Walbrook Theater

3100 W. North Avenue,
Baltimore, MD 21216

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DavidZornig on November 7, 2015 at 6:32 pm

I righted JackCoursey’s photo’s in the Photo’s Section.

Joe Vogel
Joe Vogel on November 7, 2015 at 6:19 pm

Here is the rather lengthy article about the Walbrook Theatre that appeared in the August 5, 1916, issue of The Moving Picture World:

“The Walbrook Theater, Baltimore, Md.

“Magnificent Photoplay House a Credit to the Industry— Constructed of Fireproof Material, and Is Equipped with Everything Modern.

“ONE of the most substantial and up-to-date suburban theaters of Baltimore, Md., is the Walbrook theater, which is located in the pretty suburb of that name at North avenue and Rosedale street, on the northwest corner. This theater was built by the Walbrook Amusement Company, which is being financed by many, of the Walbrook people, and was opened to the public on Monday, May 29, 1916.

“The officers of the company are: Harrison L. Stires, president; Oscar Teschner, vice president; Otis J. Tall, treasurer; Clarence H. Koonze, secretary; Christopher Wattenscheidt, counselor, with Marion S. Pearce and Phillip J. Scheck, directors.

“The building has been constructed so as to be absolutely fireproof throughout. The exterior is of Colonial brick with metal cornices, a slag roof, and a marquee has been placed over the triple arched doorways of mahogany of the main entrance on North avenue. The building measures 48x121 feet, and the lot on which it stands is 150 feet deep. Exits have been placed on all four sides and heavy metal fireproof doors protect the rear and side exits. The chairs were installed by Heywood Bros. and Wakefield Company. Ground was broken for the construction of this theater in December, 1915.

“The lobby measures 10x45 feet. The walls are of old ivory, while the wainscoting is of Marvelo marble. The box office, which has a verdi-antique base and is paneled with heavy plate glass on three sides, is located in the center of the inner wall between two large mahogany doors paneled with glass which lead into the auditorium. Directly at each end of the lobby, large doors open upon spacious staircases of ornamental cast iron with slate treads which lead to the mezzanine floor, where private rest rooms for women and men, beautifully arranged, are located; and thence to the balcony. The seating capacity of the balcony is 200 and the first row is arranged as boxes, which may be engaged for parties of three or four.

“The operator’s booth is located directly over the mezzanine floor and back of the balcony. It is equipped with the latest mechanical devices, including two Simplex, motor driven, projection machines, a motor generator and a rewinder. The ventilation of this booth is done by a large rotary exhaust fan. Fireproof protections of the latest design have been taken. The throw of the projection machine to the gold fibre screen, measuring 15xl8 ½ feet, is 110 feet.

“Situated in the ceiling, under the balcony, as you enter the auditorium, is located a dome, finished in old ivory, which emits a beautiful diffused glow from the cove lighting system with which it is equipped. The floor is bowled so that the screen can be plainly observed from every seat. There are two four-foot aisles. There is a row of eleven seats in the center and on each side of this row is a four foot aisle, and next to the walls on both sides is a row of six seats. These seats, which measure 19x20 inches, like the woodwork, are done in French grey. The ceiling is 30 feet high. The walls are done in old ivory, with large panels of Rose du Barry silk, topped by flower festoons. Below this a wainscoting of old leather dado. A large chandelier having an old metal effect of antique bronze is suspended from a heavy beamed and paneled ceiling with enriched cornices and mouldings. The orchestra pit measures 9x14 feet and has room enough for a baby grand piano and six musicians. A heavy, maroon colored carpet covers the floors. The seating capacity, including the balcony, is about 1,400.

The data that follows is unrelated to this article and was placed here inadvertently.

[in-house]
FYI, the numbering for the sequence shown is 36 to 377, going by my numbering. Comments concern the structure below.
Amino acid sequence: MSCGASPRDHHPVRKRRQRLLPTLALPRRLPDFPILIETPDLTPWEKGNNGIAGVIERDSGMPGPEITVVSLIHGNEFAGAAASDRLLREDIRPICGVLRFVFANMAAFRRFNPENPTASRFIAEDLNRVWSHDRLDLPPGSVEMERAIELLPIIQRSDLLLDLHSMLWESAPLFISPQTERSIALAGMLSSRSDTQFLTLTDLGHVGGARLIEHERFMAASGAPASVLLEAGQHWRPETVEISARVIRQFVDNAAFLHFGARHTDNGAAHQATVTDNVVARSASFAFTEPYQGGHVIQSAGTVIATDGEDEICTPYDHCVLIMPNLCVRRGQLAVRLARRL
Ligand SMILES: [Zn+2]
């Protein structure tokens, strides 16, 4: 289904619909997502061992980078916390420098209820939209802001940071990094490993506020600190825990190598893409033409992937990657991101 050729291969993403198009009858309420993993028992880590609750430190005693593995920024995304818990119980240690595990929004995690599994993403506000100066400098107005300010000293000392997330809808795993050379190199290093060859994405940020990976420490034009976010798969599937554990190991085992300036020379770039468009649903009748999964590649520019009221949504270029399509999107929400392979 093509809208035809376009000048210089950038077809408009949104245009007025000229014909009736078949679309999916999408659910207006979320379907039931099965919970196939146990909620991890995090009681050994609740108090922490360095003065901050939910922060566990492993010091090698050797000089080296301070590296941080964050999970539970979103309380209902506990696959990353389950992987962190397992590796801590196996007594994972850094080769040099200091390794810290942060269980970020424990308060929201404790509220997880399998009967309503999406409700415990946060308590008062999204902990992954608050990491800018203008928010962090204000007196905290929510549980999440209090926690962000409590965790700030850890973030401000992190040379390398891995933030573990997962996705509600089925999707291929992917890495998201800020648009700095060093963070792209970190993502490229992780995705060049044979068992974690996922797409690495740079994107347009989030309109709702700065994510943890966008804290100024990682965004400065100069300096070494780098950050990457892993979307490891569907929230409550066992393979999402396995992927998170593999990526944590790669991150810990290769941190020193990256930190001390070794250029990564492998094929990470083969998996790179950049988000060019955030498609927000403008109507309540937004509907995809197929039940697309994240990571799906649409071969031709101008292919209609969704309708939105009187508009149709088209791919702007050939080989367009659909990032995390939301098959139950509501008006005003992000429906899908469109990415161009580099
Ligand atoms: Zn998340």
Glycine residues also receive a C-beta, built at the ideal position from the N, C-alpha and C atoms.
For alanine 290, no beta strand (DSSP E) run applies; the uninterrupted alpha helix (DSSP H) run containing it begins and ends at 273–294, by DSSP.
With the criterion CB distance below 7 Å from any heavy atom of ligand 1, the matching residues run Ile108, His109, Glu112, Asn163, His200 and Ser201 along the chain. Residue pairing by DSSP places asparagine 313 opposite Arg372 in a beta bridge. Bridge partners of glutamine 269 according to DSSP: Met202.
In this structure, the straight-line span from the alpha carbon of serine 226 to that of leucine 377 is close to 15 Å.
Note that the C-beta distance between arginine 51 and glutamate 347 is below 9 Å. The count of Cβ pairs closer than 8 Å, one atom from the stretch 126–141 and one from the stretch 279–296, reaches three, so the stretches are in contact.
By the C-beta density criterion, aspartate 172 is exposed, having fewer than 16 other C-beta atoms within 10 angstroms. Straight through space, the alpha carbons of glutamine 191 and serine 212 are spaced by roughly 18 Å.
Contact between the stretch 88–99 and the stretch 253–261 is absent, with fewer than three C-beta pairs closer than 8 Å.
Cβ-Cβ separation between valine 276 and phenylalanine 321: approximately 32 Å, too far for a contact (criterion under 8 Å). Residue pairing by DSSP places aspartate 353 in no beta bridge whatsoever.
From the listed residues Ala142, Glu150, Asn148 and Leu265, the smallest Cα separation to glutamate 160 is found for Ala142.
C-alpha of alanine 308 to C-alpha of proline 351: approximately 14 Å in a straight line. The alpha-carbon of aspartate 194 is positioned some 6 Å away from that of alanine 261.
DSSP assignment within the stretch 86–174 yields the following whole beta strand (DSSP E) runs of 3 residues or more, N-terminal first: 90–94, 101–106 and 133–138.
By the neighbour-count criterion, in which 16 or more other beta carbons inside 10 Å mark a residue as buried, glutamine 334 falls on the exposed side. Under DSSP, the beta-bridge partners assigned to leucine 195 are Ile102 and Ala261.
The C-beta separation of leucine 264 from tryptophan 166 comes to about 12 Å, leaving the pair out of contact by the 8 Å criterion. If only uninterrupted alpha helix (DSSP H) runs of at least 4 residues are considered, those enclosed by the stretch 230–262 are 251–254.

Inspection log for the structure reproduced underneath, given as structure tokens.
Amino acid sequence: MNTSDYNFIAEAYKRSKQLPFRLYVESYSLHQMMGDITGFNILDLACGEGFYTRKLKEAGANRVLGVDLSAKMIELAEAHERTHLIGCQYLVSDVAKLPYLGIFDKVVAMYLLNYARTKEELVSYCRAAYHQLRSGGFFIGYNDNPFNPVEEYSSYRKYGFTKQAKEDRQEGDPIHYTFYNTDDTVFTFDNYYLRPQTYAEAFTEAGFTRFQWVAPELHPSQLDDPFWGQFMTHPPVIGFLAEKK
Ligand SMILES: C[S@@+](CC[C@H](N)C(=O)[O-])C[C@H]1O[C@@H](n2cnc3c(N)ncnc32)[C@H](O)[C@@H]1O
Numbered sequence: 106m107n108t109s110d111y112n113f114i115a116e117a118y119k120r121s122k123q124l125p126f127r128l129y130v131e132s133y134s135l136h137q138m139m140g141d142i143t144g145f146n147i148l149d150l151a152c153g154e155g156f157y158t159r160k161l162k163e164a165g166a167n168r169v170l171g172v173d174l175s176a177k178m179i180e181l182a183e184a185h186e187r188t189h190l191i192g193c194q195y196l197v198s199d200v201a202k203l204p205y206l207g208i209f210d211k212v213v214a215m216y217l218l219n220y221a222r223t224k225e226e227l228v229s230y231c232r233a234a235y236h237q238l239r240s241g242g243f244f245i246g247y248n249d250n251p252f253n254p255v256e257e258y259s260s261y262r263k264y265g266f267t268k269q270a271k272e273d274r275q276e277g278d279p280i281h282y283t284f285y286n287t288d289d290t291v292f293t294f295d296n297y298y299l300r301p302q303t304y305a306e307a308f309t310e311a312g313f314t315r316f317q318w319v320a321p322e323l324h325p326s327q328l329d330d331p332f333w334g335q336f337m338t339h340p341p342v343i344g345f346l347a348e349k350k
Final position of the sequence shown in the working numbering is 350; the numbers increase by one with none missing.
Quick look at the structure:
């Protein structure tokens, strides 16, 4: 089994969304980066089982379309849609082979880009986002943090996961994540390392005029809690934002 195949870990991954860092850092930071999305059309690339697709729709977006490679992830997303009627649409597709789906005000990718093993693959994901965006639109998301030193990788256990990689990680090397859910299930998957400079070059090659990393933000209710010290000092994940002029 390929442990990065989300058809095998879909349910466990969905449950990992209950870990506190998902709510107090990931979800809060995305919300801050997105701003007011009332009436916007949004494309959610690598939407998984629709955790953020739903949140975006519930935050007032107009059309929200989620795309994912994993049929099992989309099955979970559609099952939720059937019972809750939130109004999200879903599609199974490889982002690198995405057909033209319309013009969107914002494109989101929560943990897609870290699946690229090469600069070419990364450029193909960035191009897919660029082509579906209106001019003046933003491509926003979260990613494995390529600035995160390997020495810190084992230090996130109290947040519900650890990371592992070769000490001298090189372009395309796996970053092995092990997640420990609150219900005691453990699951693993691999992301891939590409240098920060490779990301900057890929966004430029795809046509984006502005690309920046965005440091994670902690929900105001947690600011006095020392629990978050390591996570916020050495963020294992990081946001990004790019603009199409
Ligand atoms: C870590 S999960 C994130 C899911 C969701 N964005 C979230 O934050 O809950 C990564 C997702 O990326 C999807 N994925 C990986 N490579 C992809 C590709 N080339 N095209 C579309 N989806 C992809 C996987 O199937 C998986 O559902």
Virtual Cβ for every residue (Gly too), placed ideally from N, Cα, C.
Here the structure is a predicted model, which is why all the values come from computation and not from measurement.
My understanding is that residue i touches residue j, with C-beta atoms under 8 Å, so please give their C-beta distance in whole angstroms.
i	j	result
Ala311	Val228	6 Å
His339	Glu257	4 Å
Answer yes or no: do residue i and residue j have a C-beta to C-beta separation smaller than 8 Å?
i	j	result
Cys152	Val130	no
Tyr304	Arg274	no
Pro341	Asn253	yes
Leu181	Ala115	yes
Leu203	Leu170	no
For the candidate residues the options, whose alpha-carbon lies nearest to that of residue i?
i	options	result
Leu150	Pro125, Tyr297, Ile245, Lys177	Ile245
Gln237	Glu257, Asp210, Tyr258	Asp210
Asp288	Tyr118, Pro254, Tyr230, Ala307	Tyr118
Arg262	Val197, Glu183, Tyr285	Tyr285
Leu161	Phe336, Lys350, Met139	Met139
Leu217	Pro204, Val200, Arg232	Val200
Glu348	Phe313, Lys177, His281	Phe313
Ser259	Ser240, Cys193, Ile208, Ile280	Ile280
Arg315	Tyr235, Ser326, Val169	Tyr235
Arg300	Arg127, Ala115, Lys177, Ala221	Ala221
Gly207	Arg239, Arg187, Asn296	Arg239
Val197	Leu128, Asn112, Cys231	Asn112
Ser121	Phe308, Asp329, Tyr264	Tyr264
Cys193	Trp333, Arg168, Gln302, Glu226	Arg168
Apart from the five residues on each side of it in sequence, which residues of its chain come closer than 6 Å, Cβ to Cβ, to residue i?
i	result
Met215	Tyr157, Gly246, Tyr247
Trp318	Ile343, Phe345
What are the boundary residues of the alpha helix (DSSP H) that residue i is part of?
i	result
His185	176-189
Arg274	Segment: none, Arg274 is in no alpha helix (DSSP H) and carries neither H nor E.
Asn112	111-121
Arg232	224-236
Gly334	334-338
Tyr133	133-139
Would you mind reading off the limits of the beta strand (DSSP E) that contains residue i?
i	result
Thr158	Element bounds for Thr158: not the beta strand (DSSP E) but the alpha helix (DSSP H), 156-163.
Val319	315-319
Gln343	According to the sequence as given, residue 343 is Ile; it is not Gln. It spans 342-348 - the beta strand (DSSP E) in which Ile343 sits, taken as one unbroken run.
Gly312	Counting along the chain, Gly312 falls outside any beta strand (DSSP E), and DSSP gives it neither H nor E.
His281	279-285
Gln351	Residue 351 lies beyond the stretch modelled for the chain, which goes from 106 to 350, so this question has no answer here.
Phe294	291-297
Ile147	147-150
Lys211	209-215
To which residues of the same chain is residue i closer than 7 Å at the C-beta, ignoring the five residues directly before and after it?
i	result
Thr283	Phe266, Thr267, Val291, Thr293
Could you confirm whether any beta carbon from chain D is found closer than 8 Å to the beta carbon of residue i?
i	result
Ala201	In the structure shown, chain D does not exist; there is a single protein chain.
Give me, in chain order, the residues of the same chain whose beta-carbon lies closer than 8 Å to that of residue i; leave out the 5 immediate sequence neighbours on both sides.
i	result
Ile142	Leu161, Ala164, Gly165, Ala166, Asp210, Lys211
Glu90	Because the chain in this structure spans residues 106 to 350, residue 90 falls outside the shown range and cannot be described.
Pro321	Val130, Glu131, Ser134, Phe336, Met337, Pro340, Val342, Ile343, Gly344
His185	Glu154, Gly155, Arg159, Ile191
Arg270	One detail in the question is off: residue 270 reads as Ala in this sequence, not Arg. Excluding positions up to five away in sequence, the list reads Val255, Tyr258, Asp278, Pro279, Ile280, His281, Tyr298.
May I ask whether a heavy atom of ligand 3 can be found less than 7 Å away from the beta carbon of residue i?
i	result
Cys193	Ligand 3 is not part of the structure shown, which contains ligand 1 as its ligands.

“A low-pressure steam heating system is used. Three large radiators have been placed in recess panels on each side of the main auditorium and one small radiator is located in each rear exit. Other radiators have been placed throughout the building, so that a uniform temperature is produced.

“Both natural and artificial ventilating systems have been installed. There are ten ceiling ventilators. Large, rotary, ball-bearing fans have been placed in a vent house situated on the roof, which can be used to force the air either in or out of the theater.

“The performances are continuous from 2 p. m. to 11 p. m., but the regular stated periods for the schedule are from 2 to 5 p. m. and from 7 to 11 p. m. As yet no manager has been appointed for the theater, but this end of the work will be done by the directors and officers of the amusement company.”

DavidZornig on August 12, 2014 at 9:07 am

Circa 1950 photo added.

BrooklynJim on June 17, 2006 at 9:44 am

Hey, Lost Memory! Fancy meeting you here in Baltimore!

A more panoramic shot of same “Joan of Arc” photo of the Walbrook is printed in Herbert H. Harwood, Jr.’s book, “Baltimore and its Streetcars” (1984, Quadrant Press, NY). The movie was out in 1948, but here it is in January 1951 re-release.

Two other theaters for which I did not find separate entries have photos in the same book:

1) Keith’s at Lexington & Park. Marquee shows “Red Hot and Blue” with Betty Hutton and Victor Mature in Nov. 1949.

2) Linden on Linden Ave. Sept. 1949. This time it’s “Red River” with the Duke, Montgomery Clift and Walter (“Old Rivers”) Brennan.

I don’t have the technical capability to scan and post, so I’m hoping someone in Baltimore (or anywhere else, for that matter) can track down this softcover book at a local library and add the photos to their respective sites. Thx & good luck!